At the ripe old age of 41, a full 15 years since he won his 12th and final FIM Trial World Championship, Dougie Lampkin is still winning hearts and minds plus the odd major event – and he’s showing no signs of stopping…

Dougie Lampkin MBE has no mementoes from his glittering career on display in his family home – the only clue is an immaculate 1957 Norton 500T that occupies a corner of what he jokingly refers to as his ‘posh’ room. I’ve been privileged to visit a few top riders in their homes and without exception there is always at the very least an indication of their occupation – the odd helmet here and there, maybe a framed FIM certificate or even a separate trophy room. It’s perfectly natural to want to commemorate your achievements but Dougie is resolute.

“I’ve got a motorcycle in my posh room – which my wife absolutely loves as you can imagine – but if you walked into my home you’d have absolutely no idea of what I do,” he says. “There’s not a picture, not a single trophy. I have a couple of photos of my dad and a few of myself in my office and apart from that if Through the Keyhole came no-one would have a clue. “I have a great family. I don’t need to walk around and see my world championship-winning bike sat in my front room. In fact, I’m quite glad to get away from it. I certainly don’t take my work home with me.

“In my first house in the Isle of Man I had a trophy on the mantelpiece. It stayed there for a few weeks and then I put it in the garage. I think there are two [versions] of me and the family man is nothing to do with riding bikes. I have to switch off from bikes and I always have done – if someone wants to phone me at seven at night and talk about bikes they can forget it.”

This desire to separate his twin roles as global trials superstar and devoted family man could possibly be the key to his incredible longevity. I’m no psychologist but I’ve been around the block enough times to see the long-term effects of the relentless pursuit of a sport. Sure, if you’ve got a day job to go to then all well and good but when your lifestyle is also your living it can be very different.

And for his whole life he has been intrinsically linked to the sport – initially through his famous family connection and later through his incredible achievements – but at 41 the 12-time FIM Trial World Champion and father of two is showing no sign of burnout.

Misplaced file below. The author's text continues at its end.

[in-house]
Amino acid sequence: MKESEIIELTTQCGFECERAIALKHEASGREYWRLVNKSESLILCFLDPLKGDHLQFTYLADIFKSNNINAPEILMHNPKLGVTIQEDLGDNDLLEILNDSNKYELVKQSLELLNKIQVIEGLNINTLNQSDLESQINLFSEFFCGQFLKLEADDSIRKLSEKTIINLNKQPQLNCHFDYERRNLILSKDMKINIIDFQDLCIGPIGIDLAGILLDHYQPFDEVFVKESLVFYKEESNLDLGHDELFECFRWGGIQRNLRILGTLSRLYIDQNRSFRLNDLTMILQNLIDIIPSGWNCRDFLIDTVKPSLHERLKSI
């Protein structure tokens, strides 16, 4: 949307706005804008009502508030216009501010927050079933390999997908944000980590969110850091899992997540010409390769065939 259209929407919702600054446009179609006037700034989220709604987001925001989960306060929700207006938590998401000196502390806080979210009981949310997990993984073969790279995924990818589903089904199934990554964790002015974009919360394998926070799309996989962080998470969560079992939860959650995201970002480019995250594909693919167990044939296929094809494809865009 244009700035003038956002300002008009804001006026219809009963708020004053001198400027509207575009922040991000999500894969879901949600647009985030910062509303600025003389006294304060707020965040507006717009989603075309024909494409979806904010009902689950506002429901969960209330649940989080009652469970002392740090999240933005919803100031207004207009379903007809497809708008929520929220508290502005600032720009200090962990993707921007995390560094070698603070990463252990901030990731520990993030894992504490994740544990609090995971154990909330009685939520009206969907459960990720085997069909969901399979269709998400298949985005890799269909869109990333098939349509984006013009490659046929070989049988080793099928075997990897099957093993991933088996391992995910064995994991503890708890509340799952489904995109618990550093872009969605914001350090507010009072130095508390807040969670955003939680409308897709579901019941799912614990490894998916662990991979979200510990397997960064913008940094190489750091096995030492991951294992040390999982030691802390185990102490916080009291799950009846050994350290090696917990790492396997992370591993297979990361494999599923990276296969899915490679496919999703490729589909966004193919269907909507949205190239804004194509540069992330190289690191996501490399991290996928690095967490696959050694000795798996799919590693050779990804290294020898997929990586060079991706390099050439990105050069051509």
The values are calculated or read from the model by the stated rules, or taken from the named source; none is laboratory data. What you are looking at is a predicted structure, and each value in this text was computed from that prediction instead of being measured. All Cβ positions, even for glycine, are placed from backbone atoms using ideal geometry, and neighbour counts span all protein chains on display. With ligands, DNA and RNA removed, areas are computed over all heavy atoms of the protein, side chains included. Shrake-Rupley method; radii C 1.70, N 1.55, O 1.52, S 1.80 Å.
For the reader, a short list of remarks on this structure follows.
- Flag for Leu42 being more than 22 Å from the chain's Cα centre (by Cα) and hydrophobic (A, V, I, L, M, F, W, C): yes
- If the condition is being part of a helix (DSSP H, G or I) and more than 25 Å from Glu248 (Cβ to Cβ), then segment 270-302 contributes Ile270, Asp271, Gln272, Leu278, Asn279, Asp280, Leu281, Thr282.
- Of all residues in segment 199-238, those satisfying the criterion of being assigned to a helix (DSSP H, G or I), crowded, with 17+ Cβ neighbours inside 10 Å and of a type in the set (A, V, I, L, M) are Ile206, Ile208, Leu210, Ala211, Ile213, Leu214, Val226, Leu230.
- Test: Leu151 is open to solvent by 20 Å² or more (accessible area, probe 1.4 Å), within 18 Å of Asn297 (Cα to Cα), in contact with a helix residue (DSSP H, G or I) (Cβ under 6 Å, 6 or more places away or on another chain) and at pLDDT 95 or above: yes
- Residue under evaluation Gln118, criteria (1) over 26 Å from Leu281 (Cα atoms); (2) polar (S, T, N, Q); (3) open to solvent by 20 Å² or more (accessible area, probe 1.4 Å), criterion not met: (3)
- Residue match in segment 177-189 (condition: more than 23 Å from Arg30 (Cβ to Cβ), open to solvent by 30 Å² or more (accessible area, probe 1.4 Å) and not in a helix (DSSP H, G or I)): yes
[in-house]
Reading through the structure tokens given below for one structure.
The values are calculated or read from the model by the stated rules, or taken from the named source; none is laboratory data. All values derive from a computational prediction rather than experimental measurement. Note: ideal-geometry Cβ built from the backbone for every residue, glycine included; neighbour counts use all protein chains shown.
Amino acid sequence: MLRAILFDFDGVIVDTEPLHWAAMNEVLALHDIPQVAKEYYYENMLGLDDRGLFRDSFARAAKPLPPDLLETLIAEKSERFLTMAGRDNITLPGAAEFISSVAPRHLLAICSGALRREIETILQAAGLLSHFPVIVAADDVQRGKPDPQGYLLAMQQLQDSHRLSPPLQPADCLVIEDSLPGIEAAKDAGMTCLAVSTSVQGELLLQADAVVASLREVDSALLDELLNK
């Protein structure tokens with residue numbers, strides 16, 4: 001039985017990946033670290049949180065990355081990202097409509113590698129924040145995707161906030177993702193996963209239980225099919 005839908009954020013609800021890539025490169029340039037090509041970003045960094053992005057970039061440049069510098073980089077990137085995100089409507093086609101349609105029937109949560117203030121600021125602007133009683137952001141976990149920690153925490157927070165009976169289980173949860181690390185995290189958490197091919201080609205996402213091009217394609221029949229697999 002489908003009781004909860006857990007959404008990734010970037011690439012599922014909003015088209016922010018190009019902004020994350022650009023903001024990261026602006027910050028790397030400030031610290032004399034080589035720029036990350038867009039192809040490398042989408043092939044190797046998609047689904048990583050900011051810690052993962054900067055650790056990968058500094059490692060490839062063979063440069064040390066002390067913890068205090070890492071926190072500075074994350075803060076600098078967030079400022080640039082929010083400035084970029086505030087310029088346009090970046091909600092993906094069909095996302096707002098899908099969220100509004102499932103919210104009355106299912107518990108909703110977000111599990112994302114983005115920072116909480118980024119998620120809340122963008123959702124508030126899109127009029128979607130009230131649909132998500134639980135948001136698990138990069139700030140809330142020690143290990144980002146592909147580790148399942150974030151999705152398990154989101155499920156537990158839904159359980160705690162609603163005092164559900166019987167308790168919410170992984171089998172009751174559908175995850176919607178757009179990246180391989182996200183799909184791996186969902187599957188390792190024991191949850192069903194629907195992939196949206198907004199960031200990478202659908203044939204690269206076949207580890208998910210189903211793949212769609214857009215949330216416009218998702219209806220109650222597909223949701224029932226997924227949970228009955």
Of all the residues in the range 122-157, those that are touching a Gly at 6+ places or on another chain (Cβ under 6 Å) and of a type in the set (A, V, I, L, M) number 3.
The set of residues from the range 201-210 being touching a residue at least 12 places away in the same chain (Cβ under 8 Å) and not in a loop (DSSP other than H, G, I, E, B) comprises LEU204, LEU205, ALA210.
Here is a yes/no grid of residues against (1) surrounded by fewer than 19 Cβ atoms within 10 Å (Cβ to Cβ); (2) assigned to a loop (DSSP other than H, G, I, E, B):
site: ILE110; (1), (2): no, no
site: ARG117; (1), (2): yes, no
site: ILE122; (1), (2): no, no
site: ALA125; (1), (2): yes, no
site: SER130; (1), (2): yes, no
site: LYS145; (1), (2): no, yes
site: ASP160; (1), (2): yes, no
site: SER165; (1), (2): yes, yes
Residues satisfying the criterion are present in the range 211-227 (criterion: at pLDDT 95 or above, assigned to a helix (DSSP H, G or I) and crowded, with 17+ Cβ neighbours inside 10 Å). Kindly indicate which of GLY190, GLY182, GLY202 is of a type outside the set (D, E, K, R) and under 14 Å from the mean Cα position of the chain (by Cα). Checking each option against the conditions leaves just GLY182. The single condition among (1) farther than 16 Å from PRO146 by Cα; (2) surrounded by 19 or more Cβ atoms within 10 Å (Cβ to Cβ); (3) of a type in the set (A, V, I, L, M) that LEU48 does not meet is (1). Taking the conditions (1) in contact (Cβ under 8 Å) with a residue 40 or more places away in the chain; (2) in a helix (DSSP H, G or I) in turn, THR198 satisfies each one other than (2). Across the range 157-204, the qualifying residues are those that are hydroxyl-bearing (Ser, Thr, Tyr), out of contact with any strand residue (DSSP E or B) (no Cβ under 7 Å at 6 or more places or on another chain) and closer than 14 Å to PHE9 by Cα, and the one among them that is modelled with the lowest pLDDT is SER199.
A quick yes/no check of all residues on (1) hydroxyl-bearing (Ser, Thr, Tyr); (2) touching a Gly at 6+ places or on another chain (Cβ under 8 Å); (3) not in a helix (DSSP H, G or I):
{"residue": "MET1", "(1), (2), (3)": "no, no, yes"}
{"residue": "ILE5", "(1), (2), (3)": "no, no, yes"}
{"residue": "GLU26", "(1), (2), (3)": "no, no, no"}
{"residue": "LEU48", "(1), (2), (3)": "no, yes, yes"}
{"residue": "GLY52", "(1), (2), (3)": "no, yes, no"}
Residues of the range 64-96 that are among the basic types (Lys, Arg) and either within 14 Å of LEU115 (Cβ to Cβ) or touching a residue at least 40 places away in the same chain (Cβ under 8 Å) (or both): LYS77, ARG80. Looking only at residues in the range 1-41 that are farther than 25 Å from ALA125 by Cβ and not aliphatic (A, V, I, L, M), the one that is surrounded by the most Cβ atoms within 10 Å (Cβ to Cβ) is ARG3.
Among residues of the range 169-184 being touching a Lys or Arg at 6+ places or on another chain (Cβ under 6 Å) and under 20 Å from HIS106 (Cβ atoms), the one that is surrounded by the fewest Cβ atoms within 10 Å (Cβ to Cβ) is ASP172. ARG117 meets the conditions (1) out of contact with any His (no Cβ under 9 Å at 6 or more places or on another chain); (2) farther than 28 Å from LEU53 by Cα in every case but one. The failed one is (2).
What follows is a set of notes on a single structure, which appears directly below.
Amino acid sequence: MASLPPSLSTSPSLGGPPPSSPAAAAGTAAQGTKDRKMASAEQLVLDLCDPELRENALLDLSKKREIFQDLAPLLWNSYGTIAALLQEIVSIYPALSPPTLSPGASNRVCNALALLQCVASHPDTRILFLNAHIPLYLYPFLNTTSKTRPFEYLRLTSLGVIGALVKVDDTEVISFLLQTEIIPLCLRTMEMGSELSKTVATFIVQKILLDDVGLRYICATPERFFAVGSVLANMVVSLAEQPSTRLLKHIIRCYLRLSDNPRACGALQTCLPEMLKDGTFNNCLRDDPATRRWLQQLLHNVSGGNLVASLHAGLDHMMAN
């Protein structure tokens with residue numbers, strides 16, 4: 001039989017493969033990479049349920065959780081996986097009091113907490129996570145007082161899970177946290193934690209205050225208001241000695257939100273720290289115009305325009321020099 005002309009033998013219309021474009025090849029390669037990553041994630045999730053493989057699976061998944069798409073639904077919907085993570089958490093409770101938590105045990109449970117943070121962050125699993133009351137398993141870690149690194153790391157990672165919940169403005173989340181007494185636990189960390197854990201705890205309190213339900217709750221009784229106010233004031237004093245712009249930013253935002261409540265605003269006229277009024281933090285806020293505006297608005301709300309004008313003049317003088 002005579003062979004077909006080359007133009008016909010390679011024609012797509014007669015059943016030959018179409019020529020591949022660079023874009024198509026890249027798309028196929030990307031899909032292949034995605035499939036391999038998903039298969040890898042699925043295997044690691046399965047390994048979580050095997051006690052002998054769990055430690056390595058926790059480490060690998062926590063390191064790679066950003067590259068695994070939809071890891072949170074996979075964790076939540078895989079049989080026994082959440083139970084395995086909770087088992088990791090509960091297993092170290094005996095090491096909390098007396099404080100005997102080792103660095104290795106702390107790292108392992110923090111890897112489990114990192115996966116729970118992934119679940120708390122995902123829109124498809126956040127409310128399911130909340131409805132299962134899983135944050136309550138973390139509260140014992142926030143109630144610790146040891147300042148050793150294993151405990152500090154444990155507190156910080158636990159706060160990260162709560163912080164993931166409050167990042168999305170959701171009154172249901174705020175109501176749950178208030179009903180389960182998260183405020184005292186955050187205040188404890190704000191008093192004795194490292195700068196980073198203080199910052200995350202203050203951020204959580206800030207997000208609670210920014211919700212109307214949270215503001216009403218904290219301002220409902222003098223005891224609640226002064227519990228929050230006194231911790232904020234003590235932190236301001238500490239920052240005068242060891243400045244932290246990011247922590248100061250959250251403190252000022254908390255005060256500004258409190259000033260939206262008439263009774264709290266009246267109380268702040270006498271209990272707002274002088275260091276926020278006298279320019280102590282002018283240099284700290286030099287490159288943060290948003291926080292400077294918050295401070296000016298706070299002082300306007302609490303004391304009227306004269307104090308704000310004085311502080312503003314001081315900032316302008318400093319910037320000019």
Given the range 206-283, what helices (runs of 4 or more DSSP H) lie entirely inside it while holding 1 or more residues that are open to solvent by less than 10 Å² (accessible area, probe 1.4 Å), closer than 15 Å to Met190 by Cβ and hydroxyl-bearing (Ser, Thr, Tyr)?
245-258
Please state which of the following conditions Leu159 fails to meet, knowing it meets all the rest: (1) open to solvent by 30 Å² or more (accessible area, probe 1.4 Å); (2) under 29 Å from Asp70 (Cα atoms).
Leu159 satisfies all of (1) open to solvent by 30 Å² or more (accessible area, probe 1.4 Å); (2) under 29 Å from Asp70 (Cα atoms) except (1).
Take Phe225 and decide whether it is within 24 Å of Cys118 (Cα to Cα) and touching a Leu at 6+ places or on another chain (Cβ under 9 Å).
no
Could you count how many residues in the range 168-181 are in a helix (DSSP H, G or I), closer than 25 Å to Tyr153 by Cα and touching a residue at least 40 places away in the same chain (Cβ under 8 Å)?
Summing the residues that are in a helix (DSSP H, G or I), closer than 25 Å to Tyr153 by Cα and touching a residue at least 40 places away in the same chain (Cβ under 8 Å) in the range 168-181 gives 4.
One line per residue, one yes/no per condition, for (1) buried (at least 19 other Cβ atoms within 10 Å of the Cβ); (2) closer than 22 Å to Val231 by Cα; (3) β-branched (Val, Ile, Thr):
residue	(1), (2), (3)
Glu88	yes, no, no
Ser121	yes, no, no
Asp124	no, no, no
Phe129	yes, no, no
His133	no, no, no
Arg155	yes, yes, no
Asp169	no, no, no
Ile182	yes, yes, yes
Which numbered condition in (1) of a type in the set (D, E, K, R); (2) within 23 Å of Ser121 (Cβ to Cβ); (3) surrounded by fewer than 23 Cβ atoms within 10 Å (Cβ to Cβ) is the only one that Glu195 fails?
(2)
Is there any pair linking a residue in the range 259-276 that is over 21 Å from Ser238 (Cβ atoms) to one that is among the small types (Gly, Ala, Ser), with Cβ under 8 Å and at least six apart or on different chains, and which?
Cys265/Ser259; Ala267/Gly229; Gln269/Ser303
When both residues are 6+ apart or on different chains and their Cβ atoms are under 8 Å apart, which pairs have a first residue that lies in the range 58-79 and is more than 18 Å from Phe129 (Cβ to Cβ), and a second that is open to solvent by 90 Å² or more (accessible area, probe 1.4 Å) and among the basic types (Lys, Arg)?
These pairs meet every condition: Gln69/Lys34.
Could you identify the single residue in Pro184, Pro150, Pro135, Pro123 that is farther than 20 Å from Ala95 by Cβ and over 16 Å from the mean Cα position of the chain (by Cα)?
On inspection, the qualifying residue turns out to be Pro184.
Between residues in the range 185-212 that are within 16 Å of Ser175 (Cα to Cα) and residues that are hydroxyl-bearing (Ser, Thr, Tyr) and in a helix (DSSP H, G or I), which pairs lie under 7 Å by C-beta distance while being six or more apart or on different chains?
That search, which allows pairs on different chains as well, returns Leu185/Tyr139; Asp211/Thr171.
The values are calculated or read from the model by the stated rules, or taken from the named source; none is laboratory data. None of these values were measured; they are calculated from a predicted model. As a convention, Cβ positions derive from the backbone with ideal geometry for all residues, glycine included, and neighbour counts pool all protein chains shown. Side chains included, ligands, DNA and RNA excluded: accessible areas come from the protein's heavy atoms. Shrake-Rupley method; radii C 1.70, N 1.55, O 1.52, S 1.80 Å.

Instead, he’s still firmly in the media spotlight through a regular series of innovative Red Bull flicks and his role as a development rider and UK importer for the Vertigo factory. He’s also still racking up the wins and last year did the double, taking his 11th SSDT – with the loss of just one mark – and fifth Scott Trial victories.

“Red Bull have been massive for me. I’m going into my 19th year [as a Red Bull athlete] and already we’re starting to talk about projects in 2019 so the longevity is still there and I would credit Red Bull with so much of that.

“They’ve given me opportunities to ride in odd locations and go to countries that I never visited with trials to make a video or do a photoshoot. It’s absolutely brilliant. I’m a lucky boy – there’s no two ways about it – but I do think that I’ve put a hell of a lot of effort in along the way.”

Coming from a pragmatic Yorkshireman like Dougie, ‘hell of a lot’ is a huge understatement. He’s obviously naturally gifted – his late father Martin was the inaugural world champion back in 1975, cousin John was also a world title contender in the early ’80s and uncles Arthur and Sid have both won the Scott and the SSDT so it runs in the family – but during his glory years from 1997 to 2003 when he won seven consecutive outdoor titles and five indoor crowns his work ethic was unparalleled.

“I’ve always worked hard. People say you only get out what you put in. I think there were times I could’ve put a little bit more in when even I thought I was giving 110 per cent but in reality I don’t think you ever are. It’s about how far you can push yourself and through those early years I pushed myself really hard.” Despite the weight of the Lampkin lineage on his broad shoulders, Dougie says he was entirely self-motivated with little or no pressure coming from his family.

“It was for myself. It’s only ever been about myself. It wasn’t because I was riding for someone else or because my dad was world champion or because my family name’s Lampkin. It was more. People say they hate losing – it was always much more than that for me. I knew that if I was the best then people couldn’t beat me and that’s what I pushed towards.

“I genuinely don’t think there was any pressure from anyone else. Dad stopped riding, they then bought the pub. We were young – that’s when we started to ride our club trials but my dad was busy golfing, he had the darts team at the pub, the doms team. Mum would take us to the trials when she could or a friend would. It wasn’t like everything was being loaded up and we were being dragged off – we were asking to go to the trials.

“Dad was absolutely not a schoolboy dad. He loved it when we got to a national that had a bit of a lap to it because it meant the parents couldn’t chase round.”